As fractals go, it's a pretty simple formula; there are no imaginary numbers involved. At first I tried coding a Mandelbrot generator. It worked, but they require so many iterations that you would have to wait several minutes until a decent image would be generated. The Martin fractal formula, on the other hand, can be set do do 50 or 100 iterations, display the work in progress, and then a callback or setInterval function can go "back into the code" and continue the calculations where the graphics just left off. The result is a very pleasing display that appears as you watch, and which can get pretty complex with as little as 1000 iterations.

If you are impatient like me and can't wait to see it before we dive into the code, CLICK HERE.

OK! Under the hood we go (Congestion next 100 lines. Expect 15 minute delay.):

<html> <head>
<!-- set vml schema namespace with prefix "v"--> <xml:namespace ns="urn:schemas-microsoft-com:vml" prefix="v"/>
<!-- set the default behavior style for IE-->
v\:* { behavior:url(#default#VML);}
</style> <script>
// set our window "render continuer callback"
var x=0; var y=0; var xnew=0; var ynew=0; var i=0; var sn=Math.random(); if (sn<.5) sn=-1; if (sn >.5) sn=1; var a=Math.random()*sn ; sn=Math.random(); if (sn<.5) sn=-1; if (sn >.5) sn=1; var b=Math.random()*sn ; sn=Math.random(); if (sn<.5) sn=-1; if (sn >.5) sn=1; var c=Math.random() *sn ; var ctrx =screen.availWidth/2; var ctry= screen.availHeight/2; scl=60; var cl;
// this is the function that draws the dot(actually a 1 pixel line)
function createLineWithDOM(p, color, width, fx, fy, tx, ty) { var l, d, i; l=document.createElement("v:line"); l.strokeweight = width+"pt"; l.strokecolor = color; l.from = fx + "px, " + fy + "px"; = tx + "px, " + ty + "px"; p.insertBefore(l, null); } // this is our main function that does the iterations, picking up the values of the global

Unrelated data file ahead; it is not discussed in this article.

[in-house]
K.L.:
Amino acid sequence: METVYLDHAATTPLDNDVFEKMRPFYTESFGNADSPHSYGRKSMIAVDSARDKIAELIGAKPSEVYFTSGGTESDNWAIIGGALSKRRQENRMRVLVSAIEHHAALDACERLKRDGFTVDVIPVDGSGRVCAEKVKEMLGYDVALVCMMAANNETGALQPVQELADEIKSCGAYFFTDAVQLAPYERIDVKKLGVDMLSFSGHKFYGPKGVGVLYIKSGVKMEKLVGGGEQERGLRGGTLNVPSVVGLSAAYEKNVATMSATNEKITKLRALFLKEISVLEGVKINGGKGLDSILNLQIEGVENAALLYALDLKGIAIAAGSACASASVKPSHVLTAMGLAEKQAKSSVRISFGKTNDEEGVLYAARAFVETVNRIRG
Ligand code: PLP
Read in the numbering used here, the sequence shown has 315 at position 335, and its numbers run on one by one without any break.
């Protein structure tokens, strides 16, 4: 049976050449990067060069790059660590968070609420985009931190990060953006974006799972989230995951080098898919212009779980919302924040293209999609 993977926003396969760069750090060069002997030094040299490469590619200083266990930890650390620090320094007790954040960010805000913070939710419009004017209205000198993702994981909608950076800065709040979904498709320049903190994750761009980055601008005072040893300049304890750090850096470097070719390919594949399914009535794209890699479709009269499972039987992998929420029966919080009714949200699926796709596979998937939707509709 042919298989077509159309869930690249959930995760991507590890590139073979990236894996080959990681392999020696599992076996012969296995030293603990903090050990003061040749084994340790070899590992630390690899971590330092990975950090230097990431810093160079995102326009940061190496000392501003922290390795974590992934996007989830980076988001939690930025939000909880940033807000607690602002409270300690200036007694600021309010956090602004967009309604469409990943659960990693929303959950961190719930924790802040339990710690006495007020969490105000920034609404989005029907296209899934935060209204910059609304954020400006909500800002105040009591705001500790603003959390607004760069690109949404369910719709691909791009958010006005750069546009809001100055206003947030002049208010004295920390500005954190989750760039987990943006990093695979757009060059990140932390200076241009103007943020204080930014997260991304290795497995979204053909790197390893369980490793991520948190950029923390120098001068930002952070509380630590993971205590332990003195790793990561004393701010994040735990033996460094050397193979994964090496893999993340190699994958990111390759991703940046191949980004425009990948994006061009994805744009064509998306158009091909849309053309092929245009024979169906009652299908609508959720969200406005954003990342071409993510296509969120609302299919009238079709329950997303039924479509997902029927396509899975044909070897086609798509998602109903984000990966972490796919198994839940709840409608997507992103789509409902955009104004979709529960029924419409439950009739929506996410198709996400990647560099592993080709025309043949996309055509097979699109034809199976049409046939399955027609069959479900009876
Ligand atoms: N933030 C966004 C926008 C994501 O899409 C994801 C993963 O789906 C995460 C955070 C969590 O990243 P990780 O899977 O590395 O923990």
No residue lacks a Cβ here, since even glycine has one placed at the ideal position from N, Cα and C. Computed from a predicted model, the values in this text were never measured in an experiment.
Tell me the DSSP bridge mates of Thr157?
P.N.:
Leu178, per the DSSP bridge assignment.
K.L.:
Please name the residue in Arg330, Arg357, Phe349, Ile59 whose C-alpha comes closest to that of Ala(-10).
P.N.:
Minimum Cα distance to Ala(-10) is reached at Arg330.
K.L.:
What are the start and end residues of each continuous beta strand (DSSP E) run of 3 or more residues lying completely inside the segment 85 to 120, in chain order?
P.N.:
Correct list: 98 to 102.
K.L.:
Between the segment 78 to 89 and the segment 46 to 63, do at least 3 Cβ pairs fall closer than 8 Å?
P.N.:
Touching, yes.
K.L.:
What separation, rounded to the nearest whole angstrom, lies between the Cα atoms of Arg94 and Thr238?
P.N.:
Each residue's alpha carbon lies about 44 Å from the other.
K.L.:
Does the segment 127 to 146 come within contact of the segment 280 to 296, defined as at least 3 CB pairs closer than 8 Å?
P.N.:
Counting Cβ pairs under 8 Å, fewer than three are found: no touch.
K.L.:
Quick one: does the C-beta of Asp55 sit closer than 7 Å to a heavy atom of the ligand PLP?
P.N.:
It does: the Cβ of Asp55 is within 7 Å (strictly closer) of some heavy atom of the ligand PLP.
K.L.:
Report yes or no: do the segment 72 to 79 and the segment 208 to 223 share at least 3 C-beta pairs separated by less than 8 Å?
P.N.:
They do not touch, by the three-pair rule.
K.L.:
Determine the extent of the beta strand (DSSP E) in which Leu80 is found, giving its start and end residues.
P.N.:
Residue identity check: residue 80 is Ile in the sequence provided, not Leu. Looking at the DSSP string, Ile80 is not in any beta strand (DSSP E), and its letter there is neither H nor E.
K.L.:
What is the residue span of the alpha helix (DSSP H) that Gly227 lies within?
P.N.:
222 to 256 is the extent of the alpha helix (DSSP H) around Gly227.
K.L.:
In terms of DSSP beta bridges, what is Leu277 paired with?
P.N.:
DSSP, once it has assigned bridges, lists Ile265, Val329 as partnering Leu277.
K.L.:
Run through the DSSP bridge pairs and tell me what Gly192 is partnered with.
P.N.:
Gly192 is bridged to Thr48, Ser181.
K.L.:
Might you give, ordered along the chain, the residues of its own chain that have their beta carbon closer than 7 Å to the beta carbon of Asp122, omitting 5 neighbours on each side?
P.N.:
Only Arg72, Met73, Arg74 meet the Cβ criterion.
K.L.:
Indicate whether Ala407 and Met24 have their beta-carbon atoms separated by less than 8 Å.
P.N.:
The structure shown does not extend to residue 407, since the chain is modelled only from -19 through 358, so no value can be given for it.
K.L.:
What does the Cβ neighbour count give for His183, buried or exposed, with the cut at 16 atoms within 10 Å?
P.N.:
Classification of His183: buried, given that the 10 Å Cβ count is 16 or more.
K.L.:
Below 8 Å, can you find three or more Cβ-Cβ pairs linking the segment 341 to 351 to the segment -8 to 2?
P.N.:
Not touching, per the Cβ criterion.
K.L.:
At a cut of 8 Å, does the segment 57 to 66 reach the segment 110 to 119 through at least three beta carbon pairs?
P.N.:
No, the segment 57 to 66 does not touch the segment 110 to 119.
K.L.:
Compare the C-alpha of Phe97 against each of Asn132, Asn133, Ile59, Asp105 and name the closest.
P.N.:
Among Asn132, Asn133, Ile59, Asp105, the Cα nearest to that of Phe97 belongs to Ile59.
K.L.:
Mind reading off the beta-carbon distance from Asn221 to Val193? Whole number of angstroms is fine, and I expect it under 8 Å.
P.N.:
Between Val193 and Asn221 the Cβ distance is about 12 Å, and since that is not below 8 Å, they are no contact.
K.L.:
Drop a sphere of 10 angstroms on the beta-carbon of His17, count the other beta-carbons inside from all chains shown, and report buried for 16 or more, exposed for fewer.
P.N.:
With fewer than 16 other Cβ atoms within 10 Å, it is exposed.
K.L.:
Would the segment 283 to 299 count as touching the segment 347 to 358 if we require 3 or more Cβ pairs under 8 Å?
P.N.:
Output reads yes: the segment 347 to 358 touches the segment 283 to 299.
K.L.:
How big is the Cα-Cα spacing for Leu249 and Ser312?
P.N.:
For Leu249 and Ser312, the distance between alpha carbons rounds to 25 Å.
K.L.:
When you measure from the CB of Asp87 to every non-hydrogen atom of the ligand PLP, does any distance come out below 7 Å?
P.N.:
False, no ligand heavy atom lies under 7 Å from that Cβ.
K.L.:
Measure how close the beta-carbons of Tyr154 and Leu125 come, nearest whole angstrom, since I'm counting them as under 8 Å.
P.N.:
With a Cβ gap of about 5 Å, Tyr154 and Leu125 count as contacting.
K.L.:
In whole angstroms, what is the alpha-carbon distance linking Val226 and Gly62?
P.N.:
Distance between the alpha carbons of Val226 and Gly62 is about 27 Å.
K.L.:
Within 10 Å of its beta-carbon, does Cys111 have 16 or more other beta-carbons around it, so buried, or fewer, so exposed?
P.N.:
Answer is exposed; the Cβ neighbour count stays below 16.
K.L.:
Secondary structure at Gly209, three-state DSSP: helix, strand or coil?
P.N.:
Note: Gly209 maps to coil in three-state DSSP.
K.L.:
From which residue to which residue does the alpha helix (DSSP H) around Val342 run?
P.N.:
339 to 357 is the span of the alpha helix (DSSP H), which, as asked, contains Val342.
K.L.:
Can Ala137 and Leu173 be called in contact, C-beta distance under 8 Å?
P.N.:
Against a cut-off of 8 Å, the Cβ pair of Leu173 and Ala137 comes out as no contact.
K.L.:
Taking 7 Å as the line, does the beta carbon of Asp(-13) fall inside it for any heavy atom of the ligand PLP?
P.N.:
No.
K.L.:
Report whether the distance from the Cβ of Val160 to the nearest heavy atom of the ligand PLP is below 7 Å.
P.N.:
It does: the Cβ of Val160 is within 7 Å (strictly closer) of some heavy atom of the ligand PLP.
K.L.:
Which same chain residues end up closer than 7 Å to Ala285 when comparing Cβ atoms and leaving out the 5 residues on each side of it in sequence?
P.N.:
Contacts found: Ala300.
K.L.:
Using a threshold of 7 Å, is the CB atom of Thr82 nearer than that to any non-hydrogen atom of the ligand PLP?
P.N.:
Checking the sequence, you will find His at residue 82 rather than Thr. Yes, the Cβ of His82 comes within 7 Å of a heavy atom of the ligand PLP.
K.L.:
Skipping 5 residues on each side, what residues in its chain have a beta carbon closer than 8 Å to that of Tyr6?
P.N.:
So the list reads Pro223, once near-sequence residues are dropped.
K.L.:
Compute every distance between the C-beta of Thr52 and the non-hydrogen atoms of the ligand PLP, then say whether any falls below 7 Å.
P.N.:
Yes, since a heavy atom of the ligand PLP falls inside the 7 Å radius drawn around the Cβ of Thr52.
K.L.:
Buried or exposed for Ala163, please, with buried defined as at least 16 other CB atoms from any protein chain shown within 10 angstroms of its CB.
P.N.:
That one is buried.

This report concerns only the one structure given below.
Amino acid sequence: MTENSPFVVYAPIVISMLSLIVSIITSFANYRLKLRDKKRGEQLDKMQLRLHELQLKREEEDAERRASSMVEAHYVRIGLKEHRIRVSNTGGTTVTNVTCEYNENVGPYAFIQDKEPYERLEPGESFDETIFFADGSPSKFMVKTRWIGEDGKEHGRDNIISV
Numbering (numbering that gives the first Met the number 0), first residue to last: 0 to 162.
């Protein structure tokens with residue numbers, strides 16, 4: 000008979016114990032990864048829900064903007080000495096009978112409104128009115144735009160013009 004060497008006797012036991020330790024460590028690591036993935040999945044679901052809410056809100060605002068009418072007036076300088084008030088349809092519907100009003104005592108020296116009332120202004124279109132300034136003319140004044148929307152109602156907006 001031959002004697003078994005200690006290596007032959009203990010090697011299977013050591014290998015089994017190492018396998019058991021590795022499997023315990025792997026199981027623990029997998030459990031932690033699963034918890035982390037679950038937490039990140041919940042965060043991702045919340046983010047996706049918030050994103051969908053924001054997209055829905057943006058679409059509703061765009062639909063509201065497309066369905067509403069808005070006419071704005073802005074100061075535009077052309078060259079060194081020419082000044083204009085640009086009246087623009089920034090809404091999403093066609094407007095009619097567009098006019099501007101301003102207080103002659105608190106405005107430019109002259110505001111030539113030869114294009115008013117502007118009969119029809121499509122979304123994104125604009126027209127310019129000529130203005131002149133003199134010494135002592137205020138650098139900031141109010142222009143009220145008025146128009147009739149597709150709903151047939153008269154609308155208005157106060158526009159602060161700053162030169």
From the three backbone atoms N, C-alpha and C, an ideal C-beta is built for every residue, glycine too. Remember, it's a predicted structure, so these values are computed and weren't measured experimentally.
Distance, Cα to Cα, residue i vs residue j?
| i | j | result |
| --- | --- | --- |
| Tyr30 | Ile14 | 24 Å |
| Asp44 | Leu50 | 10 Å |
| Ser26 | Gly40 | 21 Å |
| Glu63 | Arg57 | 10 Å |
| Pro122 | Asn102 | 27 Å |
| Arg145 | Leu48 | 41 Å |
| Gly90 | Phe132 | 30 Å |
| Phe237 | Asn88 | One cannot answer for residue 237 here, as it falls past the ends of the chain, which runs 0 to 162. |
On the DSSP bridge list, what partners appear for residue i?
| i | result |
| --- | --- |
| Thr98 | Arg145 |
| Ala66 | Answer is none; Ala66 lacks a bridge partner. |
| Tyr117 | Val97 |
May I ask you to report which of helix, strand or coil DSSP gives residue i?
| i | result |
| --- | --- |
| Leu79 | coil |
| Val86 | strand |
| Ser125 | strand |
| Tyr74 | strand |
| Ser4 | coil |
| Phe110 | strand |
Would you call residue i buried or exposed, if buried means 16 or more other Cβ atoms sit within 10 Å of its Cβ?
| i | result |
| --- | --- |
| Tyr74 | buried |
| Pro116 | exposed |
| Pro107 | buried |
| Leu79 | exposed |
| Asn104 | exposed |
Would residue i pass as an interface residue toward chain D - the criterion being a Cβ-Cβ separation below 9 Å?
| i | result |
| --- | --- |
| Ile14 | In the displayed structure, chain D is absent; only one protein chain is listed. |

// variables from the last setInterval firing...

function Main(){ for(var q=i;q<(i+70);q++){ xnew = y - (x>0? 1:-1)* Math.sqrt(Math.abs(b*x-c)); ynew = a - x; x=xnew; y=ynew; window.status = "Iteration:" + i + "/ 2000." // here's one way to set a hex color to pass into the function (based on some current values) cl="#"+(q%255).toString(16)+(y%255).toString(16)+(x%255).toString(16); createLineWithDOM(pDiv,cl,1,ctrx+xnew*scl,ctry+ynew*scl,ctrx+xnew*scl+1,ctry+ynew*scl+1); } i=q; // after 2000 iterations, clear the screen and do a new one... if(i>2000){ i =0; pDiv.innerText=""; } } // this function "sets up" our screen div to "draw" on...
function doSetup(){ if(!document.all.pDiv){ pDiv = document.createElement("DIV"); = "Graph1"; = screen.availWidth; = screen.availHeight; = "absolute"; = 0; = 0; document.body.insertBefore(pDiv, null); } Main(); } </script> </head> <body bgcolor="black" onload="doSetup();"> </body> </html>

Well, doing this one was fun. There are lots of resources for VML and SVG on the web. JASC has a product similar to their Paint Shop Pro that handles SVG drawing. You can even render a bitmap in to SVG or VML. To view the working source, simply load the page from the link above and save it to your file system.



Peter Bromberg is an independent consultant specializing in distributed .NET solutions a Senior Programmer /Analyst at in Orlando and a co-developer of the developer website. He can be reached at